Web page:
The Self-Publishing a Book Debate Ends Here!
Are You Ready to be the Star of Your Own Show?
What are the benefits of self-publishing a book? As a publishing and writing coach I am often queried about the idea of self-publishing a book or e-book. Many writers hold that traditional publishing is the way to go. However, the evolution of digital publishing has begun to see the diminishing of traditional publishing more each day. With electronic book readers, the success of online booksellers; millionaire self-published authors surfacing–the tradition model of bookstores, book signings, and agents are quickly fading. This system relies on bookstores to make books sales, and to work as the marketing arm. Now that the majority of books are purchased online, this model is flailing. With first-time authors practically begging to be published agents filled the role of screening and bringing talent to publishers. With the cost of publishing exponentially cheaper with print on demand, writers no longer need an agent to connect with the mostly unavailable traditional publishing companies. Yet many writers are still attracted by the allure of becoming a best-selling author, making the TV and radio circuit, followed by book signings while backed by a large publishing house.
As self-publishing millionaires surface, and online booksellers outpace their retail counterparts, traditional publishing houses who rely on bookstores to sell books are experiencing difficulty. Many have gone out of business or bought out by larger publishing houses. Borders completely shut its doors in 2011, nearly 400 stores, leaving only Barnes & Nobles almost the only outlet for marketing traditionally published books. Left only were about 1500 independent local book stores. Many traditional publishers are more conservative than ever, when selecting works to publish. With competition stiff against Amazon, and other online booksellers, along with many people flocking to self-publishing the traditional publisher must take on book projects that are “sure things,” such as a book written by an already well-known public figure. This leaves even less opportunity for a first time writer to be published by a traditional publishing company. Even if a first-time author were to land a contract with a publishing house, the advances have dwindled to tiny amounts. Self-publishing a book becomes more attractive as time goes on. Follows is my list of the benefits of Self-Publishing a book:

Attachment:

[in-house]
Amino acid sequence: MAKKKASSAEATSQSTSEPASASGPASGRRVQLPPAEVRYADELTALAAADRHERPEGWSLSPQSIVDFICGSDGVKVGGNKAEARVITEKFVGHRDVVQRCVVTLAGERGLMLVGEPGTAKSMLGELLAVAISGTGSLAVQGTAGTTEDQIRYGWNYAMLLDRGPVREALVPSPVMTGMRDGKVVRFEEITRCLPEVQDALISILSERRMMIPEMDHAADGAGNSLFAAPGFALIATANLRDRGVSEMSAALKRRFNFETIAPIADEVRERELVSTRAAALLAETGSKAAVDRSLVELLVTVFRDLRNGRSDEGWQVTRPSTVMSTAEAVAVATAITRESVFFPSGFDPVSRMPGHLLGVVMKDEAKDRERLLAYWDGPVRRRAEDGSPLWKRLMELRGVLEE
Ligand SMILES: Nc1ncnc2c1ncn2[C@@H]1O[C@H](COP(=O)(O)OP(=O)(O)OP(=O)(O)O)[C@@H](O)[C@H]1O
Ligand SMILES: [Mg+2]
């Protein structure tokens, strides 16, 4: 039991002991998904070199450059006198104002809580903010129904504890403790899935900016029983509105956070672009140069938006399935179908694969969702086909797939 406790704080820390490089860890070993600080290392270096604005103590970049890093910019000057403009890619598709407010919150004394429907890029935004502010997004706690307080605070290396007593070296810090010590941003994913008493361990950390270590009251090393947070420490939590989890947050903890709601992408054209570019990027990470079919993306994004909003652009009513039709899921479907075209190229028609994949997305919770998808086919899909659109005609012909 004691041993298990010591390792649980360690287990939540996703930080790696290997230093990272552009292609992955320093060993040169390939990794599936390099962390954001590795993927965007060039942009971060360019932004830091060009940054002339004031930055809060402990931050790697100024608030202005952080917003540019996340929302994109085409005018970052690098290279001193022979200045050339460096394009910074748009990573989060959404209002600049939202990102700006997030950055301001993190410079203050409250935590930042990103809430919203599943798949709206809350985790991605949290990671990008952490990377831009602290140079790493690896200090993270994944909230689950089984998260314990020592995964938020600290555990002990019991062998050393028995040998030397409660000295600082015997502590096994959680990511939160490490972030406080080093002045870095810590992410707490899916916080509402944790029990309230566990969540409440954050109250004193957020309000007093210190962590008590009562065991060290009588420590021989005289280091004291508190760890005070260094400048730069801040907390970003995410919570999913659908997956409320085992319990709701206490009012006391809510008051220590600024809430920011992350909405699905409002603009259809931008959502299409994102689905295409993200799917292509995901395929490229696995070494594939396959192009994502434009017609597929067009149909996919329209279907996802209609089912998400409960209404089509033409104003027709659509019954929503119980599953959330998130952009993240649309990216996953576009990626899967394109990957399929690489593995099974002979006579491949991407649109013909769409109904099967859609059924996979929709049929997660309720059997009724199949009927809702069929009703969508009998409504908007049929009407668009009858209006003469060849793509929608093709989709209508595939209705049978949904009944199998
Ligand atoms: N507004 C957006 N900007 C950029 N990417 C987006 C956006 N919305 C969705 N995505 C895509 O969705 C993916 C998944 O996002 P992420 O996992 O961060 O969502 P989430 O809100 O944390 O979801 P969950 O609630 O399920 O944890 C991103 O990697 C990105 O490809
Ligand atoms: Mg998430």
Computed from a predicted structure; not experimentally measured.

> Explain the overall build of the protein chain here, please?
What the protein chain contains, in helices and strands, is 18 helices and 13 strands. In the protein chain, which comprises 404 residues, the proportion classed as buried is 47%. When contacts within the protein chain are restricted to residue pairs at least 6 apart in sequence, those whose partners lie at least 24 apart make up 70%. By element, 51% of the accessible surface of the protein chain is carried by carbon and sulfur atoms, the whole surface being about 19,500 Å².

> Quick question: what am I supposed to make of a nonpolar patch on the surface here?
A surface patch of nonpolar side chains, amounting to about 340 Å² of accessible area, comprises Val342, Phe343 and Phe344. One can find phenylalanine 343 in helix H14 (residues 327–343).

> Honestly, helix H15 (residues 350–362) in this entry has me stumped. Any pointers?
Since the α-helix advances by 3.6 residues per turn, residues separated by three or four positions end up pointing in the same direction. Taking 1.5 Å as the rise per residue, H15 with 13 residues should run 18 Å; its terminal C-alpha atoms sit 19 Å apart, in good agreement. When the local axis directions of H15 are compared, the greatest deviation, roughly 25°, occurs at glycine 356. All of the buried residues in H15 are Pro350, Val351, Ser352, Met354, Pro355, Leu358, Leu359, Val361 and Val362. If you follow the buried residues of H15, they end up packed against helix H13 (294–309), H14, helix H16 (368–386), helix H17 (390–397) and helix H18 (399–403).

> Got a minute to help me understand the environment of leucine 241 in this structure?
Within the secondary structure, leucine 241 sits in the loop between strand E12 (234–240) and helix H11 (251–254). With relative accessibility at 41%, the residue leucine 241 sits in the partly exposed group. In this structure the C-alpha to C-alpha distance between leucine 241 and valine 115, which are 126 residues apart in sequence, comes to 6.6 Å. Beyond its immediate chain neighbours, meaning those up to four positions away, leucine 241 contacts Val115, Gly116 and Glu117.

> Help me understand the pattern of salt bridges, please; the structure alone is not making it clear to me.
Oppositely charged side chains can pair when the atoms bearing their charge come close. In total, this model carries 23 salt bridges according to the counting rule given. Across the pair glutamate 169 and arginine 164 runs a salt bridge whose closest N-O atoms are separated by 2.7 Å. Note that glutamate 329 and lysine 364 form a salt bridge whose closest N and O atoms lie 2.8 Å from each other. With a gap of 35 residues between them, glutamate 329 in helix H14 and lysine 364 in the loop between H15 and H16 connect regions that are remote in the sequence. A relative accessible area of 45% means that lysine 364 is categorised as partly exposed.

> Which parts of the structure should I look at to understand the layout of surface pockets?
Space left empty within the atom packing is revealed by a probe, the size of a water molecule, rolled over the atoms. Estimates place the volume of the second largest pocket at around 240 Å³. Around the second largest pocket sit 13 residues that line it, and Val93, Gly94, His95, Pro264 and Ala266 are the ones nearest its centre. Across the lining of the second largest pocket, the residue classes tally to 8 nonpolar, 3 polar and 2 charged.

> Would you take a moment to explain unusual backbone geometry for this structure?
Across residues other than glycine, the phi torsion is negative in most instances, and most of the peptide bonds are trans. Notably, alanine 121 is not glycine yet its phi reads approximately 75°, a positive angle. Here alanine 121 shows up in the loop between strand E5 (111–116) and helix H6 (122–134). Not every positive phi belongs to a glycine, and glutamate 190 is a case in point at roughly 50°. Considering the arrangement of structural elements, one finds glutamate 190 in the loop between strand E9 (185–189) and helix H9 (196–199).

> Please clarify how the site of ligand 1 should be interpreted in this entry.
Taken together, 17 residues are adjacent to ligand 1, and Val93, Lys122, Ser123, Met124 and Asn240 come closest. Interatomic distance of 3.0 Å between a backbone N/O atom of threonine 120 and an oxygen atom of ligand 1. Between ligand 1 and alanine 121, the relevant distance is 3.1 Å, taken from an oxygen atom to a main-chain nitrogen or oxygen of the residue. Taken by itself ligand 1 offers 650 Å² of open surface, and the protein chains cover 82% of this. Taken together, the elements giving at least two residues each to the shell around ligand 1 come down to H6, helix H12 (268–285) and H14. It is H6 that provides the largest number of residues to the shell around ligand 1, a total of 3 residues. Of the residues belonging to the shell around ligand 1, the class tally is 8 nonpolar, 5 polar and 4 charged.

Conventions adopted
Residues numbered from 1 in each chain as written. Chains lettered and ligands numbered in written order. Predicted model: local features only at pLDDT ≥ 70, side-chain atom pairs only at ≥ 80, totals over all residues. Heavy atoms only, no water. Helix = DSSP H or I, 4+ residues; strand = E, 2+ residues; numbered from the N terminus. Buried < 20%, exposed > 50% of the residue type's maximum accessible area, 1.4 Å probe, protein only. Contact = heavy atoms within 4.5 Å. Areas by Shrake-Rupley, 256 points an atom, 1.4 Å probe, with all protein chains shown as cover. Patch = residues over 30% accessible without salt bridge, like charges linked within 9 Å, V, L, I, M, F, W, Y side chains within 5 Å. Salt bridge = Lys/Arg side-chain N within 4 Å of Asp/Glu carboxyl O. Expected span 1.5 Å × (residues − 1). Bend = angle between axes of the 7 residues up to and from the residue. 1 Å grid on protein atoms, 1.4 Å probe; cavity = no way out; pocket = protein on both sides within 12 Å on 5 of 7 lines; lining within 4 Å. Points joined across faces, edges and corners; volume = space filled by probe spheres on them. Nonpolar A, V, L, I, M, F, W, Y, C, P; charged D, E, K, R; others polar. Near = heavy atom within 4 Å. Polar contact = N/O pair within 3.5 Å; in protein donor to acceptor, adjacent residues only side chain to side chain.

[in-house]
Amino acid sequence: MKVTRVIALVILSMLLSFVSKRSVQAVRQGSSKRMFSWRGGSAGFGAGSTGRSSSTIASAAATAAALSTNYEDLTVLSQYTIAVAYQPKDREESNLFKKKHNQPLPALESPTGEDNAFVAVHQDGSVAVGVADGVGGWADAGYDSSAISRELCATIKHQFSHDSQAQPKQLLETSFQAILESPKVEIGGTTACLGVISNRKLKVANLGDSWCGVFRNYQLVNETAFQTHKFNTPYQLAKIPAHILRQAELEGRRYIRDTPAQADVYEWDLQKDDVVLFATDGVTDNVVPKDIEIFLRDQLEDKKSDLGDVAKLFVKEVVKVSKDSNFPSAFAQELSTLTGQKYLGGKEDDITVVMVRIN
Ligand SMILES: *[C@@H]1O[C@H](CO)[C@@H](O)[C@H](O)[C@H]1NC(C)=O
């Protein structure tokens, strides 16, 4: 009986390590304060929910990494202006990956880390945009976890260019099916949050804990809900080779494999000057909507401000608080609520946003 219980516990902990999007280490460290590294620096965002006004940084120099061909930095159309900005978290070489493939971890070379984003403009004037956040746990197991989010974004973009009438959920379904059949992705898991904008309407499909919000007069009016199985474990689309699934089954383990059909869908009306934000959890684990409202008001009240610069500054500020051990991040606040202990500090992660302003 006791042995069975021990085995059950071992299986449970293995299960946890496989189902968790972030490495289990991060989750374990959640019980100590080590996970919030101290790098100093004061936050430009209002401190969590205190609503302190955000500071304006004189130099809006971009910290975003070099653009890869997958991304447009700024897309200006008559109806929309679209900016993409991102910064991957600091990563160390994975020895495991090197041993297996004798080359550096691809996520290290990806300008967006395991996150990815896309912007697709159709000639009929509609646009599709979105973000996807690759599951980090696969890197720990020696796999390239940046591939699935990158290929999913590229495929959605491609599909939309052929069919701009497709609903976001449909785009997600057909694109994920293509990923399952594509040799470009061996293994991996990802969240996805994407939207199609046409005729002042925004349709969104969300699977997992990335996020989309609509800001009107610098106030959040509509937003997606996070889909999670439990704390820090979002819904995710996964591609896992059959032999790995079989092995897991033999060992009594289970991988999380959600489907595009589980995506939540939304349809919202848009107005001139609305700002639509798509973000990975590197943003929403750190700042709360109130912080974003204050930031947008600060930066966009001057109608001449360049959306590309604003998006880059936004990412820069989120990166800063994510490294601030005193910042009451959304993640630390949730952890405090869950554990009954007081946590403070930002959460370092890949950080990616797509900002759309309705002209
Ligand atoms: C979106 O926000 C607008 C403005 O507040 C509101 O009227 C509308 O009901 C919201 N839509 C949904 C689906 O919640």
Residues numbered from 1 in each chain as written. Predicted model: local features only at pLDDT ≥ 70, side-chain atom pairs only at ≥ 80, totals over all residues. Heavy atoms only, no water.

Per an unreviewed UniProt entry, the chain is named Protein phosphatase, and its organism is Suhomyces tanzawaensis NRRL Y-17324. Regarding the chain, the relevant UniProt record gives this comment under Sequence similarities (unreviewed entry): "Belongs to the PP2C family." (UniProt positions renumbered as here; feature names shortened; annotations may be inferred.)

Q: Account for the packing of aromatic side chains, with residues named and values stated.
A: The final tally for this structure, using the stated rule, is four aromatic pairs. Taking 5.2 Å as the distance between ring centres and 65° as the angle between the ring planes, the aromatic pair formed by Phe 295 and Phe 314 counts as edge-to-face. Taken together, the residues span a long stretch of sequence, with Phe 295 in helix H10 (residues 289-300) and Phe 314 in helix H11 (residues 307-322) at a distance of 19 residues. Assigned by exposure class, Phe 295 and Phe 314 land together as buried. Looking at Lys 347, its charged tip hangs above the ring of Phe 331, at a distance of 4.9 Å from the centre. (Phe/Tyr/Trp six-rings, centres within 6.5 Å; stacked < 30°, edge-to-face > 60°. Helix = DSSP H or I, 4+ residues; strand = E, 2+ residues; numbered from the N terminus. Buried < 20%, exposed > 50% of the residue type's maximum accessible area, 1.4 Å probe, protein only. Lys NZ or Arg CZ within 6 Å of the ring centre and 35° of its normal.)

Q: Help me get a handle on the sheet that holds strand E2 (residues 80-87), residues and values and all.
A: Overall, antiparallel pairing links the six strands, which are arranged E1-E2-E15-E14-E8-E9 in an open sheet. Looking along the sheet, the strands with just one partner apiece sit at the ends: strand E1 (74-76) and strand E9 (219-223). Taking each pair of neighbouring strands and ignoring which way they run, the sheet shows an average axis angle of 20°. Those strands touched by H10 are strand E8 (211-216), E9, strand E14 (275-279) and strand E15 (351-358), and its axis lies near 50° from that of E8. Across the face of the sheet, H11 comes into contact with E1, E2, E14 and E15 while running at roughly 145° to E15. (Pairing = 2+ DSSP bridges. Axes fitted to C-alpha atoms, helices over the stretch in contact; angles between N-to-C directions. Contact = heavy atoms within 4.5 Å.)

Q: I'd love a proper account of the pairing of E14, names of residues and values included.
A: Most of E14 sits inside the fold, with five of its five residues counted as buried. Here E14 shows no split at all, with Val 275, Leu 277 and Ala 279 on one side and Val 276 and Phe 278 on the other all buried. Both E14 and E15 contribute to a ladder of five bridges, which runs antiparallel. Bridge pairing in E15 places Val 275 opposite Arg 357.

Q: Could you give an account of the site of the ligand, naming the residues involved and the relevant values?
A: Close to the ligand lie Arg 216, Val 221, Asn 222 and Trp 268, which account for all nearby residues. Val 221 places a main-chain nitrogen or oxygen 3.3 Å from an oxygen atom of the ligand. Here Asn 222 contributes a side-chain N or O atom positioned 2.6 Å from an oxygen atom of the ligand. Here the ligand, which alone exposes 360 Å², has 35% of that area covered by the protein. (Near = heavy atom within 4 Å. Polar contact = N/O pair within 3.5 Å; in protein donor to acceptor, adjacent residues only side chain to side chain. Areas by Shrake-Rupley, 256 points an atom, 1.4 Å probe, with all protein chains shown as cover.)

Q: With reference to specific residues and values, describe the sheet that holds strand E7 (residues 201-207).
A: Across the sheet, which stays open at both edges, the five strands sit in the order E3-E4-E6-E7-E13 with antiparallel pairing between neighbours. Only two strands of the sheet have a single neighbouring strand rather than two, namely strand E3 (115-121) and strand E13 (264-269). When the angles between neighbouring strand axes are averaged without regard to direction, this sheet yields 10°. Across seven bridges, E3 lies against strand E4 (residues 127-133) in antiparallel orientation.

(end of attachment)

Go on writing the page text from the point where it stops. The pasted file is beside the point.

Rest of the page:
SAVE TIME: Avoid the lengthy time involved in finding an agent to represent you to publishing companies. Many agents will expect you to have been previously published, so this is a tricky situation and a bit of a “Catch 22.” New writers may fine that self-publishing a book will save them a lot of precious time.
SAVE REJECTION: One of the top benefits of self-publishing a book is skipping the rejection phase. Become your own self-publisher to avoid the lengthy rejection process and emotional turmoil involved before you may or may not find a publisher committed to publishing your book. Most often, their rejection has more to do with their assessment of their ability to make a profit on the book, than it has to do with the quality of your writing.
COPYRIGHTS: Keep your copyrights. When you sign with a traditional publisher, they own most of your copyrights most of the time. One of the most important benefits of self-publishing a book is that you own all your copyrights, forever!
CREATIVITY: As the author of a self-published book, you will enjoy complete creativity and the ability to harmonize the book cover, interior design elements and images to your satisfaction. Your creative control is maximized and is a key benefit when self-publishing a book.
ROYALTIES: 100% of royalties go to you. You do not split them with the publisher at all. Since you are the publisher, the self-publisher, you will receive all the royalties, and they will be much more than .25 per book. ________________________________________________________________________________________________